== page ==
There is no doubt that email phishing can be very clever. After all, these types of phishing exist because they work. Let us take a closer look at the example below.
The following image is a false Charles Schwab notice claiming the recipient has been locked out of his account and must update it to regain access. Here are some clues indicating this email is actually a scam:
- The email is not sent to the recipient. If the recipient were truly being notified by Charles Schwab whereby there was an issue with their account, they would know the recipient’s name.
- Similarly, they do not know the recipient’s name. “Dear customer” is not an identifier.
- The recipient is not attempt to log in to a Schwab account, so cannot exceed the number of allowed attempts.
- Grammatical errors: The words Online Banking are capitalized throughout the text. Also, if you read carefully, the text says “Please visit www.schwab.com/activate Reset Account your account” which obviously does not make any sense, but since most people scan emails quickly, grammatical errors that are this small usually do not attract attention.
- They encourage the recipient to confirm that the e-mail is sent from Schwab, so that the recipients can rest assured. Therefore, the recipients will use the provided link.
- Let’s look at number six which is marked in the image. When you hover your mouse over any link on this page, it shows the real email address. Based on the image, the email stated is actually http://almall.us. The scammer /schwab.com/ after the real name of his website to make it look legitimate.
If you notice any of these vulnerabilities in your email, it is enough to tell you that the email is a phishing attempt. But what if these errors do not exist?
A smarter scammer can correct these errors, including knowing the recipient’s name and email address, and masking their URL in a more convincing manner. If they had done a better job, there would have been nothing alarming in the message. But it would still be a fake.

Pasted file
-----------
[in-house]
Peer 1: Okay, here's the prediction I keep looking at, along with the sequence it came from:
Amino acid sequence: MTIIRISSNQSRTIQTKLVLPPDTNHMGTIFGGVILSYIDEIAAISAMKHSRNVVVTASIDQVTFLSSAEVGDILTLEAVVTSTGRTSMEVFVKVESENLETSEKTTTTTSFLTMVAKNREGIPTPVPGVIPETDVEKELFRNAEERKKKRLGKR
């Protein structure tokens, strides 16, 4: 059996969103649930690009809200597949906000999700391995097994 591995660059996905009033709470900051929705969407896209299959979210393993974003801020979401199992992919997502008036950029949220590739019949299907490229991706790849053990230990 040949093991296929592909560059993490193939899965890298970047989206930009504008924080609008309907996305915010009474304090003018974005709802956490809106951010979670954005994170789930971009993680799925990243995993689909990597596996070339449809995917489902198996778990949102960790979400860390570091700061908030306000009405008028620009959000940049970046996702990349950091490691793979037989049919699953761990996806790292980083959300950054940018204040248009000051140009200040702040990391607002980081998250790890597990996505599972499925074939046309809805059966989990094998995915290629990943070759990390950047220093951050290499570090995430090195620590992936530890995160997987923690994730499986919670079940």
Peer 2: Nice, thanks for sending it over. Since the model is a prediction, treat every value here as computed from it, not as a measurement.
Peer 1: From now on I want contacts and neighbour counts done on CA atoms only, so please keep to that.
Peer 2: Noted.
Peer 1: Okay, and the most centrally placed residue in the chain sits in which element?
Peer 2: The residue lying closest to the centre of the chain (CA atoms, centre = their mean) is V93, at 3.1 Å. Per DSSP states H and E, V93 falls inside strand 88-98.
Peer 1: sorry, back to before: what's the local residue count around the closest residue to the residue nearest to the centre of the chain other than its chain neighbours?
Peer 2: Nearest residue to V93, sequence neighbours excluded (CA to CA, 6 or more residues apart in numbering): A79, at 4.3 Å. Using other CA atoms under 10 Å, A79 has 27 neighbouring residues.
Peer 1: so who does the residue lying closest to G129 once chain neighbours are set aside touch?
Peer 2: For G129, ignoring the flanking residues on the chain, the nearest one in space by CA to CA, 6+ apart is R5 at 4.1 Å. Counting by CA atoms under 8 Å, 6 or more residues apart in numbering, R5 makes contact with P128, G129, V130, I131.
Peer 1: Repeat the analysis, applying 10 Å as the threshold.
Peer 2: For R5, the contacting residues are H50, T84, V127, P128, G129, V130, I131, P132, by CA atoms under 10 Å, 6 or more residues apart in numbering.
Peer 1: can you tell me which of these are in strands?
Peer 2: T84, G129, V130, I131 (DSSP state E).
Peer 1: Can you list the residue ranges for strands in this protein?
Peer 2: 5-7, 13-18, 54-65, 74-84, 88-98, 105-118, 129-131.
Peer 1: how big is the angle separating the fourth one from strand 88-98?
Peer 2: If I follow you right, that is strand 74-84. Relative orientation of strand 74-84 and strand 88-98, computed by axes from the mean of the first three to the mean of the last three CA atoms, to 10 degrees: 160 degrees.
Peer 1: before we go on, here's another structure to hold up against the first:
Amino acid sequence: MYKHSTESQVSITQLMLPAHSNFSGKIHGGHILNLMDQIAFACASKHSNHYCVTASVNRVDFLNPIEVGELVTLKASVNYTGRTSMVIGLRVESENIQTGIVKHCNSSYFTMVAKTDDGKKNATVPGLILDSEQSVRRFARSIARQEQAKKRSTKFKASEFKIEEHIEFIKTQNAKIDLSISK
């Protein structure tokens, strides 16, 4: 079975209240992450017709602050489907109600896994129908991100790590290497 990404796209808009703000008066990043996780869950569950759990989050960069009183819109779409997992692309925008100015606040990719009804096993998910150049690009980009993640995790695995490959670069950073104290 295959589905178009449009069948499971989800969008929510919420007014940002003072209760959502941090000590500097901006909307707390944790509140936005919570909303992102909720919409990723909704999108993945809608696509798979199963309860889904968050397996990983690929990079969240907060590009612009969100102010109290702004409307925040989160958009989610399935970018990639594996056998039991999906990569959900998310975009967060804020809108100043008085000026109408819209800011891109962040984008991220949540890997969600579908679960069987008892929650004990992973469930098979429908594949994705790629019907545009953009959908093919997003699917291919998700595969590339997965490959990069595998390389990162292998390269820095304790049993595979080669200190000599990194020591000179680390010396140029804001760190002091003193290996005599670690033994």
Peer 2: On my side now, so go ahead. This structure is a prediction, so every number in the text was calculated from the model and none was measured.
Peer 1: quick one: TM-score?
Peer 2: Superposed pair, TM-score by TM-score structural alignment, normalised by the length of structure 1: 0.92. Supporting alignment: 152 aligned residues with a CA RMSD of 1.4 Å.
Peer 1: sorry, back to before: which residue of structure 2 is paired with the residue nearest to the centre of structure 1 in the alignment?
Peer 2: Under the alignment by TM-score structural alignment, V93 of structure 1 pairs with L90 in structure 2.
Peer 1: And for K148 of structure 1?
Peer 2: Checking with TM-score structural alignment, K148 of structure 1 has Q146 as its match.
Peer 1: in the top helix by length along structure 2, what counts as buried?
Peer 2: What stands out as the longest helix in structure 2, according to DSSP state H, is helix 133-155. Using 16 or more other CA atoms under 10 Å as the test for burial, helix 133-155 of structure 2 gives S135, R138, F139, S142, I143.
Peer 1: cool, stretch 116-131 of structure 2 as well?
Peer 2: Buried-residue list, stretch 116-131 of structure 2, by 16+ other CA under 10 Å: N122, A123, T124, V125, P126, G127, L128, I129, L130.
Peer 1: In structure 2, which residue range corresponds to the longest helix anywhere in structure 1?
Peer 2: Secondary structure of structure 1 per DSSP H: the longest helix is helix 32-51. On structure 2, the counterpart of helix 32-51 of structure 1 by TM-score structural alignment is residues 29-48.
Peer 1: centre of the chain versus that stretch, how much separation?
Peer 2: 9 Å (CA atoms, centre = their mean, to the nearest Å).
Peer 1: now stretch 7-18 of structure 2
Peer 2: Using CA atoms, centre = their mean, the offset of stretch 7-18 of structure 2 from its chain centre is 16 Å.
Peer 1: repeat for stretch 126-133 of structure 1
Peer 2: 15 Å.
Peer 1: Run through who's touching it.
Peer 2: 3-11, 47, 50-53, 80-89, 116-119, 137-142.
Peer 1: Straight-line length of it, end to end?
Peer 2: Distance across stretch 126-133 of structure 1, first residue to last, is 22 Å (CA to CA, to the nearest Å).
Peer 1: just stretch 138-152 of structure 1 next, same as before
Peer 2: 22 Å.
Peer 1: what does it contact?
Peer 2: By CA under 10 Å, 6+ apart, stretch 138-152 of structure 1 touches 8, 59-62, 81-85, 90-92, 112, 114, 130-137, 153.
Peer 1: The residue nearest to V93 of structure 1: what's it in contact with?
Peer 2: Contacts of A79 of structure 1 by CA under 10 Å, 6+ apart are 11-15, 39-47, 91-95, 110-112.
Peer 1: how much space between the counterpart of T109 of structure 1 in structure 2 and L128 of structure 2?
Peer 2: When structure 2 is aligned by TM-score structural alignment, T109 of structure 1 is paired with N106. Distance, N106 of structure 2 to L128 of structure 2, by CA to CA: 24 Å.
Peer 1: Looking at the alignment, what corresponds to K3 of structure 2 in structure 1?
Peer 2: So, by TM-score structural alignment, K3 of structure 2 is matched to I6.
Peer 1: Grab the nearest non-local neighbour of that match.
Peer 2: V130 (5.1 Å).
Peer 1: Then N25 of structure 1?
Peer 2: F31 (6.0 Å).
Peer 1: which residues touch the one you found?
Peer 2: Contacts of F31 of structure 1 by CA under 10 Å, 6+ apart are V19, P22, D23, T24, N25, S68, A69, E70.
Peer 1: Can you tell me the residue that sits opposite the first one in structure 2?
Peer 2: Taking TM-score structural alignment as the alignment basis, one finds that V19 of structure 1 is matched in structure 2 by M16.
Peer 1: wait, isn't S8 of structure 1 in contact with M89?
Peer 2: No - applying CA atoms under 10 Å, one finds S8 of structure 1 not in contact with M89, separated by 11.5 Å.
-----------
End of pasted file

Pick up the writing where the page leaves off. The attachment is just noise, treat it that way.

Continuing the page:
How To Recognize Phishing Email
In conclusion, there are 7 ways to recognize phishing email which is:
- Firstly, Legit companies do not request your sensitive information via email which as password, credit card information, credit scores, or tax numbers, nor send you a link which requires you to login.
- Secondly, Legit companies usually call you by your name
- Thirdly, Legit companies have domain emails
- Fourthly, Legit companies know how to spell
- Furthermore, Legit companies do not force you to their website. Sometimes phishing emails are coded entirely as a hyperlink. Therefore, accidently clicking the link or deliberately anywhere in the email will open a counterfeit web page or download spam in your computer.
- Lastly, Legit companies do not send unsolicited attachments. Look out for high-risk attachment file types such as .exe, .scr, and .zip. When in doubt, contact the company directly using the contact from their actual website.
- Legit company links match legitimate URLs. Double check the URLs. If the link in the text is not identical to the URL displayed as the cursor hovers over the link, that is a sure sign you will be taken to a fault site. Ensure additional security by hovering your mouse over the links without clicking it and ensure the link begins with https://.
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